Realizable solutions

Step 5 Economic worth
Econ Factors
Economic analysis
Pay
Worthwhile Solutions

Step 6
Finance fcators
Financial analysis
Money
Set of Useful solutions

Symbology
Process
Info source
Outcome
Decision
Iterative or Feedback loop


PHASE II PRELIMINARY DESIGN

step 1
Experience & Techn
Seletion of design concecpt
Best
Tentative selection

Step 2
Engr science
Mathematical archetypes
Valid
Analytical formulation

Step 3
Math analysis
sensitivity analysis
Which?
Sensitive parameters

Step 4
Tech info
Compatability analysis
Fit?
Adjusted parameters

Step 5
Math & Test
Stability analysis
Stable
Adjusted for stability

Step 6
Math
Optimization
Best
Optimum

Step 7
Trends
Projection into the Future
Time
Behaviour over time

Step 8
Math & Test
Prediction of behaviour
Perform
expected performance

Step 9
Lab technic
Testing
Work?
Test results

Step 10
Experience
Simplification
Better
Accepted proposal

PHASE III DETAILED DESIGN

Step 1
Experience
Prepartion for design
Valid?
Budget & organization

Step 2
Techn know!
Description subsystems
Good?
Subsystem concepts

Step 3
Techn Know!
Description components
Good?
Component concepts

Step 4
Techn KNow!
Description of parts
Good?
Specifications and drawings

Step 5
Techn exper
Assembly drawings
Fit?
Complete descriptions

Step 6
shop
Experimental construction
Producible?
Prototype

Step 7
Lab
Product test programme
Does it work?
Test Data

Step 8
Math analysis
Analysis & prediction
Good?
Detected flaws

Step 9
Techn Know!
Redesign
Better?
improved design

3
training
brief
programming
experience
data collection
analysis
synthesis
development
communication
solution

(caption)
2 Pre-planned linear sequence
There is local feedback within each step, but not between stages. From Asimow2.

(caption)
3 and 4 Preplanned sequence wih feedback
The stages 0 to 8.2 are subdivided giving, in all, 229 sub-stages which are linked into a network of feedback loops. From Systematic Method for Designers 3.

reduces his initial uncertainty to the right level. This is the level at which he is willing to take the irreversible decisions he is obliged to issue as instructions to the manufacturers who are waiting to put his plans into effect, 1.

A fluid process
This description of the designer's thoughts and actions allows us to form only a very fluid picture of the design process.
It is a picture composed of cycles and subcycles which can be linked in many different ways according to the sequence of stages which the designer chooses. A useful visual image is that of a network marking the tracks which the designer follows as he explores the problem and his solutions to it.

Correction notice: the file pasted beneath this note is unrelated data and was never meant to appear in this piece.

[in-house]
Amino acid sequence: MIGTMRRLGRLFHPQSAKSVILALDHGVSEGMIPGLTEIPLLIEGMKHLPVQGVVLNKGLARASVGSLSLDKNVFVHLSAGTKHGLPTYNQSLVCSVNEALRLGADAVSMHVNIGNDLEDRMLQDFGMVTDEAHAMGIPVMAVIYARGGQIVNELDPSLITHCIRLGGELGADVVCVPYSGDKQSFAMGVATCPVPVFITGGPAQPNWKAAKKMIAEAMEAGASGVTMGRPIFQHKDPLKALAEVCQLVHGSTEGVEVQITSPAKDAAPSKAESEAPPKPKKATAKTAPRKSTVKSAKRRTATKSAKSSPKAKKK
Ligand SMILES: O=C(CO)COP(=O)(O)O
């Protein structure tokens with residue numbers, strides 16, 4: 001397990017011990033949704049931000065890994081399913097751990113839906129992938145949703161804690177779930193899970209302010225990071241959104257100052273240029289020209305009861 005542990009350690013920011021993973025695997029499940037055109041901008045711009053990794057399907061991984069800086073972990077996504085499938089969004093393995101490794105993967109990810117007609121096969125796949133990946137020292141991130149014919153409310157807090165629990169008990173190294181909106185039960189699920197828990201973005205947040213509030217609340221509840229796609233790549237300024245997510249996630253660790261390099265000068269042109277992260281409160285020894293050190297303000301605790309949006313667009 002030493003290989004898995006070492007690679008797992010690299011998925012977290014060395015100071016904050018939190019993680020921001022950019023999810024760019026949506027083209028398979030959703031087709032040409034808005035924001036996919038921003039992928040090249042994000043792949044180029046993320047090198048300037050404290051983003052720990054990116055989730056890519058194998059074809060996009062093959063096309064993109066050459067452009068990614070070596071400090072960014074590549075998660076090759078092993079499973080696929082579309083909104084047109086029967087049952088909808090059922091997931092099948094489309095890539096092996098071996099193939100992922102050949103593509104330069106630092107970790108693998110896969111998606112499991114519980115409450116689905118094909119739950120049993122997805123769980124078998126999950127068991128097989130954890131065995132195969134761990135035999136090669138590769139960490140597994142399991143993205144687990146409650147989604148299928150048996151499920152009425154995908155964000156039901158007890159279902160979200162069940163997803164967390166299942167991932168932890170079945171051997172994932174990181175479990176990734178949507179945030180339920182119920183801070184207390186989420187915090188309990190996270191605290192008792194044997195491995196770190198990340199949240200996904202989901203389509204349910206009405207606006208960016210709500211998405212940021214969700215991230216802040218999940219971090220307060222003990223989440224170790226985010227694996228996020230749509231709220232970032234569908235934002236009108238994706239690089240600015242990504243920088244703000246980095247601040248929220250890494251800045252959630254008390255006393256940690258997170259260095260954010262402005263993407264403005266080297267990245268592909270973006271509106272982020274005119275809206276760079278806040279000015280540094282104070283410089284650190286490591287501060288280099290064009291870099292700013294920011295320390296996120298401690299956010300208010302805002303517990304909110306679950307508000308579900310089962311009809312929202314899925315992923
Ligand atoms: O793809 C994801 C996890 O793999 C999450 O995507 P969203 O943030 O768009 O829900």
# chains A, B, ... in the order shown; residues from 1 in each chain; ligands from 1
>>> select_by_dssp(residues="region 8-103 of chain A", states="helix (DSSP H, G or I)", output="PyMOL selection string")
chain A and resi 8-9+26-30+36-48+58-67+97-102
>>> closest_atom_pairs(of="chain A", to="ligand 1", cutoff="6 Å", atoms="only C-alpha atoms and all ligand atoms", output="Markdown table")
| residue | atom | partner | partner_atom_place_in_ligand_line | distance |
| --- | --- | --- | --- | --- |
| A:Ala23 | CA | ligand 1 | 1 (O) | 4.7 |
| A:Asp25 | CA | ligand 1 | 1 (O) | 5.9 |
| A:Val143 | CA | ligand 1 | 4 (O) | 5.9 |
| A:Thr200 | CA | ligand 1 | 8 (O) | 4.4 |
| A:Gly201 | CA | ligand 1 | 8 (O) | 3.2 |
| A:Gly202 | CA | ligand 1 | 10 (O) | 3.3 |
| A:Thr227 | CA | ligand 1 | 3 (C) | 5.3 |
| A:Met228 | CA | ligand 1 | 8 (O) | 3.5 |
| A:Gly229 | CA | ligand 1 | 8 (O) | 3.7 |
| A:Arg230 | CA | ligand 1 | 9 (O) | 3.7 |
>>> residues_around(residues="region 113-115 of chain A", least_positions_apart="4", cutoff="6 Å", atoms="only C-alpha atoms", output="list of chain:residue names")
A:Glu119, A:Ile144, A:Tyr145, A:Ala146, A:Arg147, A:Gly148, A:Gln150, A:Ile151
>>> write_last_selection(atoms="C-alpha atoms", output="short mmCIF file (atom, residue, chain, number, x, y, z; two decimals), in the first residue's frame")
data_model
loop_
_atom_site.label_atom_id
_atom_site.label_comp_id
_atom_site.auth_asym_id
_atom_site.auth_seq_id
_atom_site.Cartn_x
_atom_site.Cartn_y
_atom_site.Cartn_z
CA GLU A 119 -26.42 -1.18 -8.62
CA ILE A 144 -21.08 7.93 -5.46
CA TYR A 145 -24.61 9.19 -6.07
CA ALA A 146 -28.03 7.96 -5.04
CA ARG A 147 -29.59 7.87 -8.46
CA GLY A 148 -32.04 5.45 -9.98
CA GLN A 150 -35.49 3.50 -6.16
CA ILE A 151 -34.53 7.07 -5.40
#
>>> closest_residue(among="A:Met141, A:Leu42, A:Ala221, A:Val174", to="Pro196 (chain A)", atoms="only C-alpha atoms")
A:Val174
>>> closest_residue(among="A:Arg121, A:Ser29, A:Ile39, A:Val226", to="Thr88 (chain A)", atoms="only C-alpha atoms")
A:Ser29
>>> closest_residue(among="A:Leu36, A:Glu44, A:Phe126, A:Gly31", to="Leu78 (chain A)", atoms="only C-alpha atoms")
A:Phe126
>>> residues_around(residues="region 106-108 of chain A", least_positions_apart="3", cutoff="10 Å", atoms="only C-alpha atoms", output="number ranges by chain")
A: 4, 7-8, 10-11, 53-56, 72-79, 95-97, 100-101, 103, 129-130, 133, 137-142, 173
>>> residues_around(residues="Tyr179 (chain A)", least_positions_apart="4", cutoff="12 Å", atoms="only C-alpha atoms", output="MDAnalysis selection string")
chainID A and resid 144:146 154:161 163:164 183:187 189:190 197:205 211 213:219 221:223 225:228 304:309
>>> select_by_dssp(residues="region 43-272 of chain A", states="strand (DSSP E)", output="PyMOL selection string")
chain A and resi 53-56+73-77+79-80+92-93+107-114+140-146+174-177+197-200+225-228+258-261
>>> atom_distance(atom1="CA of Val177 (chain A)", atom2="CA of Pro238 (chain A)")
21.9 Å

Kinds of sequence
This idea of a network which a designer both creates and explores as he searches for a satisfactory design differs from the rather rigid sequences of pre-planned stages which are recommended by some design theorists.
There are, for instance, pre-planned linear sequences composed of a set number of stages, with no cycles or repeats between stages, 2. There are also linear sequences with one or two feedback loops nesting inside each other, 3 and 4. Computer programmes are usually of this type. Then
2 Pre-planned linear sequence
There is local feedback within each step, but not between stages. From Asimow 2.
3 and 4 Pre-planned sequence with feedback
The stages 0 to 8.2 are subdivided giving, in all, 229 sub-stages which are linked into a network of feedback loops. From Systematic Method for Designers 3.

(table)
4
0 Preliminaries
0.1 Receive enquiry
0.2 Evaluate enquiry
0.3 Estimate office workload
0.4 Prepare preliminary response

Phase 1 - "Receive brief, analyse problem, prepare detailed programme and estimate"

1 Briefing
1.0 Receive instructions
1.1 Define goals
1.2 Define constraints

2 Programming
2.1 Establish crucial issues
2.2 Propose a course of action
Phase 2 - "Collect data, prepare performance (or design) specification, reappraise proposed programme and estimate"

3 Data collection
3.1 Collect readily available information
3.2 Classify and store data

4 Analysis
4A Identify sub-problems
4.2 Analyse sub-problems about ends
4.3 Prepare performance specification
4.4 Reappraise programme and estimate

Phase 3 - "Prepare outline design proposal(s)"

5 Synthesis
5.1 Resolve problems about ends
5.2 Postulate means for reconciling divergent desiderata in specification
5.3 Develop solutions-in-principle to problems about means arising from specification
5.4 Postulate outline overall solution(s)

Phase 4 - "Develop prototype design(s)"

6 Development
6.1 Define design idea
6.2 Erect a key model
6.3 Develop sub-problem mutual solutions
6.4 Develop overall solution(s)